Originally posted on July 1, 2008
Dr. Helen recently posted an article about one man’s story of being raped. His experience sounds much like any other date rape experience, except that the male is the victim and that his rapist used her gender and pregnancy as a means of keeping him silent. It takes a certain amount of bravery to put one’s story out there. I applaud Dr. Helen for taking this man’s experience seriously and writing an article that in no way denies the pain and suffering the rape caused him.
However, I am truly astounded by the level of vitriol people have thrown at this man. It ranges from flat-out mockery to insulting him directly. More than that, it is not one specific group of people doing it. It is not just men or just women or just feminists or just conservatives who fear “homosexual rape.” Someone from every group has attacked this man for no apparent reason other than his gender.
As I stated on Dr. Helen’s blog, I am not so much shocked at the response in and of itself. Rather, I have never gotten used to seeing this kind of reaction, which I have yet to see in any instance other than high-profile rape cases. It is as if some people have literally gone out of their way to bash this man, both his credibility and who he is as person, simply because woman raped him and he did not like it.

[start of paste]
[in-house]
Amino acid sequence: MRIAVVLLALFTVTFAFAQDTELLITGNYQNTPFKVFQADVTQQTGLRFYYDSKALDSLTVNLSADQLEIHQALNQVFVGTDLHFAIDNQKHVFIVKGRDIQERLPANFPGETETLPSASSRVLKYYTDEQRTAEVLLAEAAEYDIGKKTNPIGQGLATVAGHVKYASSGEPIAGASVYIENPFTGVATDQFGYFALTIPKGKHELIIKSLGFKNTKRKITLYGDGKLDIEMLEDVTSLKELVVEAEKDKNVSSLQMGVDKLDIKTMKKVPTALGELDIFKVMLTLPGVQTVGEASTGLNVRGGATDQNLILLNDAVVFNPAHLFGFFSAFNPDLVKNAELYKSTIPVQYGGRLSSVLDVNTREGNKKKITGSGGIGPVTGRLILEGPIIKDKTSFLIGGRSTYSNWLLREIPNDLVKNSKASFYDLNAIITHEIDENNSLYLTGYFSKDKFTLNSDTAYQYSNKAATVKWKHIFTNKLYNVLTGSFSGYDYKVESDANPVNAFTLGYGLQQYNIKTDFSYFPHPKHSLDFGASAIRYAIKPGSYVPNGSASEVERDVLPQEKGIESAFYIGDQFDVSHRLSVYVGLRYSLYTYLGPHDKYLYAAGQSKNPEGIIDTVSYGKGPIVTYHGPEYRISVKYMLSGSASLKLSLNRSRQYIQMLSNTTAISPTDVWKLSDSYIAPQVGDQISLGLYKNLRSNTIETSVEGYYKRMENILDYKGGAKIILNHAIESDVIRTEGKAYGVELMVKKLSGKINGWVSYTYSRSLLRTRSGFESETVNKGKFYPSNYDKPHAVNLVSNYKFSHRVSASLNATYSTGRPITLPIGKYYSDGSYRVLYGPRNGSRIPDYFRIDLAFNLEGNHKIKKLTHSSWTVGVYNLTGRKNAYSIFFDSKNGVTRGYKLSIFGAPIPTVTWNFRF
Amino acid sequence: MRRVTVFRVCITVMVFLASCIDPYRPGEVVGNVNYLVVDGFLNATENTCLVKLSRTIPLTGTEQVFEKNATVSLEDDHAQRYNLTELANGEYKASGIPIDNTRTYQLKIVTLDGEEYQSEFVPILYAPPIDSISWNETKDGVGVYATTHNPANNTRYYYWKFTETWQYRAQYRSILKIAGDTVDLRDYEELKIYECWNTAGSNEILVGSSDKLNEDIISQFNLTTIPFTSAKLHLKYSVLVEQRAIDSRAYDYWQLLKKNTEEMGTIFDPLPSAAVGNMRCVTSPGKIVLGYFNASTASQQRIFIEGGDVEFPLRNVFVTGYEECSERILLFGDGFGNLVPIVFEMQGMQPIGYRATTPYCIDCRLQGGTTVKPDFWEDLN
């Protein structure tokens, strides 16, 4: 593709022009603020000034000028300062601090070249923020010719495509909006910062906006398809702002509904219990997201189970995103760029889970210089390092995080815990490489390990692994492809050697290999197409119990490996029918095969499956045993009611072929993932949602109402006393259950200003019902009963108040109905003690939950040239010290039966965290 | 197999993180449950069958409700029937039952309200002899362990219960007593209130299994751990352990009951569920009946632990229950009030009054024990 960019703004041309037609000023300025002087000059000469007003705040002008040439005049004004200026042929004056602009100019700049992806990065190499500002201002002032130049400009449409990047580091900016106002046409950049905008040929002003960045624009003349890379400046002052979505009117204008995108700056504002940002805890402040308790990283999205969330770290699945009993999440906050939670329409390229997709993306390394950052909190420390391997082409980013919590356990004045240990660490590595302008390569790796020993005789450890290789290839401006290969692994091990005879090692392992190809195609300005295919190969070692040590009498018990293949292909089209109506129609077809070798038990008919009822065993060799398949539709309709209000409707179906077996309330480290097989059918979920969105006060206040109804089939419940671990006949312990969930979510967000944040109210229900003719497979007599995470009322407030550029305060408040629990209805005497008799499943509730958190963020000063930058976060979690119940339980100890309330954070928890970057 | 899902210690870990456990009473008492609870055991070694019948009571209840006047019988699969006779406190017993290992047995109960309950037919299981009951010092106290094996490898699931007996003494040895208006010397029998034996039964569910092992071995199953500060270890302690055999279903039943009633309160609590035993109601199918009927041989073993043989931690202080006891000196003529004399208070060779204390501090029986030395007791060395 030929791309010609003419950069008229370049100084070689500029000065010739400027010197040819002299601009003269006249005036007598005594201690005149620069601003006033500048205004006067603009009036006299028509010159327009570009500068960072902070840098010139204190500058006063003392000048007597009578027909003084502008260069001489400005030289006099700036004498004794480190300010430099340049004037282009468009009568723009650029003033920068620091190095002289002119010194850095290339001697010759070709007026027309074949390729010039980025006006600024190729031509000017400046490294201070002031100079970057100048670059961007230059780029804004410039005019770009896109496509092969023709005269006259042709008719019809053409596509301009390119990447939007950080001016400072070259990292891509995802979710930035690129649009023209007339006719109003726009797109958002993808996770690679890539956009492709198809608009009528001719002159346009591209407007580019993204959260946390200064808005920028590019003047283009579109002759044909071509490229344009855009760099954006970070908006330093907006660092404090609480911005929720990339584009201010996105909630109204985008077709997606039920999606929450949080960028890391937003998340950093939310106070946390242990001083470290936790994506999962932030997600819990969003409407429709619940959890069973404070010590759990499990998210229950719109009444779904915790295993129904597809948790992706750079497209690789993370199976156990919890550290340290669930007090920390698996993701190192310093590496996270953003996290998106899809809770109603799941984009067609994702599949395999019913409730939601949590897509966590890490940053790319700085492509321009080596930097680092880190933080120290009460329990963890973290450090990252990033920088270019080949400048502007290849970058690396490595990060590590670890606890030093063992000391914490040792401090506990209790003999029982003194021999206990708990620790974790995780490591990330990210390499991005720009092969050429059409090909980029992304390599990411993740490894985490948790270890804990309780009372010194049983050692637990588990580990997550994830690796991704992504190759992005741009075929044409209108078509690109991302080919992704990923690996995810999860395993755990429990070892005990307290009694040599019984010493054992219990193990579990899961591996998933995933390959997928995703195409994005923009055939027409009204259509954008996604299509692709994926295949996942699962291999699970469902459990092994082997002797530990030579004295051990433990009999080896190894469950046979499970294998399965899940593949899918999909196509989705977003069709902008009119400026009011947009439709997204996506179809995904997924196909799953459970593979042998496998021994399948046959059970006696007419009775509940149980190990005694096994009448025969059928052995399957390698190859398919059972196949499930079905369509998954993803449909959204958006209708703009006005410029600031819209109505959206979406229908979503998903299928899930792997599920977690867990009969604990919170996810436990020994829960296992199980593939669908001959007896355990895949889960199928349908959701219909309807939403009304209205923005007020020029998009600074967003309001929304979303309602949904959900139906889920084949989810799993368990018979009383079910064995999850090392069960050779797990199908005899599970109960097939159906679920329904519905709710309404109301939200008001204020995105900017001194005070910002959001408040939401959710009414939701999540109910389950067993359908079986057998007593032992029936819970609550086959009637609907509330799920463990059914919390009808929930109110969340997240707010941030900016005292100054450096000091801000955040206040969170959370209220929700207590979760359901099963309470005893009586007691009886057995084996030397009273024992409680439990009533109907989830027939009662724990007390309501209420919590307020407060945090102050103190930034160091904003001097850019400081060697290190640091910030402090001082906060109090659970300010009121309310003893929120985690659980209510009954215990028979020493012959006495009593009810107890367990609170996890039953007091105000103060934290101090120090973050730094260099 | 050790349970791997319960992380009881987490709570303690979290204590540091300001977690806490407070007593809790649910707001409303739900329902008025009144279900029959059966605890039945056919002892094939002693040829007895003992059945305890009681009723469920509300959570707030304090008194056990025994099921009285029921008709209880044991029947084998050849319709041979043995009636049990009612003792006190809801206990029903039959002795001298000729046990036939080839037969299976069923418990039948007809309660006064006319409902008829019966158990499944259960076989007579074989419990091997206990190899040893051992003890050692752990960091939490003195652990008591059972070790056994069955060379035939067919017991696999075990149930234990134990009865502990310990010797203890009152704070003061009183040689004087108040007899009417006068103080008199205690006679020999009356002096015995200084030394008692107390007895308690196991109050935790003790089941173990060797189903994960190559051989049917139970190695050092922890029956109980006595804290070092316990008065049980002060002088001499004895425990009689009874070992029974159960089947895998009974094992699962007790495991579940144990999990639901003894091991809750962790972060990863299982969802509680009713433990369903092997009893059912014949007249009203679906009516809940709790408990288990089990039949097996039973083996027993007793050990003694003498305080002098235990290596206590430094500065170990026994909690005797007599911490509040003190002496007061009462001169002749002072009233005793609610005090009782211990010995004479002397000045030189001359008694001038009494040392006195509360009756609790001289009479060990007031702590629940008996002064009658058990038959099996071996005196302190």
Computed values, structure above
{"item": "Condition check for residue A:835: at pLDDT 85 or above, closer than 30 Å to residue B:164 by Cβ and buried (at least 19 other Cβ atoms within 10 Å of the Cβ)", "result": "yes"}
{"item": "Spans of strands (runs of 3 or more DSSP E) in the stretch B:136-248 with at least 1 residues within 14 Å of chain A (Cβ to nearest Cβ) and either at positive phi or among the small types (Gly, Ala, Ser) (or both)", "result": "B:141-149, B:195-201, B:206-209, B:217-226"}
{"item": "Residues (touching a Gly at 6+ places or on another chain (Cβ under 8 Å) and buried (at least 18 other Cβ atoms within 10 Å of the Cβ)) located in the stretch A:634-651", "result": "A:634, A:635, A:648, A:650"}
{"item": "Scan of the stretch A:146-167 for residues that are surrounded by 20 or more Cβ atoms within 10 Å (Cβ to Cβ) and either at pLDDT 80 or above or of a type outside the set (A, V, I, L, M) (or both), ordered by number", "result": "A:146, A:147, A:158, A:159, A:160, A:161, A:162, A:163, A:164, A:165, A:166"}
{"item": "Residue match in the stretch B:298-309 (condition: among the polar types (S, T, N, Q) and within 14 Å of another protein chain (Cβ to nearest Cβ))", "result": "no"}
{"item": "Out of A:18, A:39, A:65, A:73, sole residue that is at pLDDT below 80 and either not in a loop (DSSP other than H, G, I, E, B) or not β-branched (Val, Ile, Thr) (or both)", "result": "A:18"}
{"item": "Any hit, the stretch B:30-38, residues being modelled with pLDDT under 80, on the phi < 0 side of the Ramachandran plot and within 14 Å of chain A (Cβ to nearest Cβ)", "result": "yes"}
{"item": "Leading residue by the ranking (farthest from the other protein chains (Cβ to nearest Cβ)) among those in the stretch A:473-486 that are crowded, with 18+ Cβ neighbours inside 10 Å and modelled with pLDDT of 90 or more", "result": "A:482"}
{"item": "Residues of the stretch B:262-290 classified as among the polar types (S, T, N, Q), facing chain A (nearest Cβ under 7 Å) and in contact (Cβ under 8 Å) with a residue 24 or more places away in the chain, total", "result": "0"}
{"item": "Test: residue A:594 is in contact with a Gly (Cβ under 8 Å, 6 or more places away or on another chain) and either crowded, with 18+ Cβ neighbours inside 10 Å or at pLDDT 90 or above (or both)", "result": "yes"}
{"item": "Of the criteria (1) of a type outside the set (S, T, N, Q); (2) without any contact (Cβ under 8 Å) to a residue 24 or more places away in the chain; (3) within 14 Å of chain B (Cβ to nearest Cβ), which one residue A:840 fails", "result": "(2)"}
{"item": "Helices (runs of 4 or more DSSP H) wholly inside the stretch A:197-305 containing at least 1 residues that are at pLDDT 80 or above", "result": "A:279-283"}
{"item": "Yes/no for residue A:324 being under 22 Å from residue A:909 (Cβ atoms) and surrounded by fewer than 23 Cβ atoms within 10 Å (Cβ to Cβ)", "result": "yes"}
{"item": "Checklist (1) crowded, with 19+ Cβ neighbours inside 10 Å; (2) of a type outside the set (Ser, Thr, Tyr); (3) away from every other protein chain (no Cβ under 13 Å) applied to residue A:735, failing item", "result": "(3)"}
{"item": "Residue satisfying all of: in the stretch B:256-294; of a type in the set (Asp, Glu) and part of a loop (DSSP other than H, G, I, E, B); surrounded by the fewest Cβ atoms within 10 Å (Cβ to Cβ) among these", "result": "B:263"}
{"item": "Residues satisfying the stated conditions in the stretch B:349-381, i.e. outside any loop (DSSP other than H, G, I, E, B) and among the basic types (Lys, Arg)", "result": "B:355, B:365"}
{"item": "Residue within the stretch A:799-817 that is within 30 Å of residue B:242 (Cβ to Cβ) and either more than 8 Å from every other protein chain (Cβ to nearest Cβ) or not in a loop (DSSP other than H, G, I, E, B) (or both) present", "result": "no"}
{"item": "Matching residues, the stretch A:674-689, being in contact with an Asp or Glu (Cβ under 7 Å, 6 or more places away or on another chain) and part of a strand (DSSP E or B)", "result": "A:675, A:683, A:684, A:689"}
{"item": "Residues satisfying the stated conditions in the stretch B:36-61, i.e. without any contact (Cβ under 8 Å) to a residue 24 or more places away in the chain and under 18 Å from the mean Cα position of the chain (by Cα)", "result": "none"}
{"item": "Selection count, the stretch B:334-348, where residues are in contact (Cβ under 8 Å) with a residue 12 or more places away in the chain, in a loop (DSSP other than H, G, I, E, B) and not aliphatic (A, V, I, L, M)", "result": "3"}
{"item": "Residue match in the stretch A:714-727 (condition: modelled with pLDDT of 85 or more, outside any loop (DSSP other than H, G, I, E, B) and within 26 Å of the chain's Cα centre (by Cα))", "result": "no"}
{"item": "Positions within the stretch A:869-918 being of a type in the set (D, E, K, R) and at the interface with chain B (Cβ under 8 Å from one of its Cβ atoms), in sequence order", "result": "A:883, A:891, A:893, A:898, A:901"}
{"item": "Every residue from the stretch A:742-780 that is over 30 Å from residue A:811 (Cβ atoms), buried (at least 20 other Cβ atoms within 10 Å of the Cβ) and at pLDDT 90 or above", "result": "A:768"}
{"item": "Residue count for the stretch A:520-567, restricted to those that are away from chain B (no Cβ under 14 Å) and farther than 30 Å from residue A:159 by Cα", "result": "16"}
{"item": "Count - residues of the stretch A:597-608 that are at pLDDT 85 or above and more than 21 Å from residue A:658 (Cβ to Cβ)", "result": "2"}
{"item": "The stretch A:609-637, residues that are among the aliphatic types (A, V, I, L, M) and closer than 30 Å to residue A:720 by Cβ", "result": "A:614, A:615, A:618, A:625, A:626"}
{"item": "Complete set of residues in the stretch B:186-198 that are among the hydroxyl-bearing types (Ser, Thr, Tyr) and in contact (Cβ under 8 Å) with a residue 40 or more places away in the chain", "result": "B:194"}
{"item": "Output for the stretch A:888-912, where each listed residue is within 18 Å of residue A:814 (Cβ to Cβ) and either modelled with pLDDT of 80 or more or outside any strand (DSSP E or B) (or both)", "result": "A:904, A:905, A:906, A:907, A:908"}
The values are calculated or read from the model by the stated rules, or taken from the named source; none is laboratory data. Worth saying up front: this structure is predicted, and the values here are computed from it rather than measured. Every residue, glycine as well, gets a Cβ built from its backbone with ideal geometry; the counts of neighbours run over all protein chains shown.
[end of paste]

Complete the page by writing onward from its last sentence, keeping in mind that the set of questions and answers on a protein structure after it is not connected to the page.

This happened to this man when he was 19-years-old and it took him years to come forward only to receive a general reaction of “So what?”, “Only women can be raped” and “You should have liked it. I would’ve.” He is an adult and I can imagine that this is causing him a ton of distress. Imagine then he if were still a child and came forward to feminists quibbling about rape definitions and female strength, men flat-out laughing at him and women doing the same, but with a more condescending tone.
This is what it looks like to be a male victim. This is what they have to face if they come forward. It is not just that they will be called liars or that people will imply that they wanted it or that they could have stopped it if they wanted it. It is that extra bit of “C’mon, you’re a guy. Man up and stop whining.” that come virtually every person who has anything to say other than “This woman is a rapist and I’m so sorry she did this to you.”
This is why men and boys do not come forward. The dissent against men and boys speaking out about being raped by women (or raped at all) is so loud and overbearing that the people who do not hold those views get completely drowned out (in this instance, I am not be facetious. One must literally look for the supportive comments on both sites). Until we change our attitudes about whether women can hurt men and boys and whether men and boys should just “tough it out,” male victims will continue to be pummeled into silence not only by their rapists, but by the people who should be on the victims’ sides.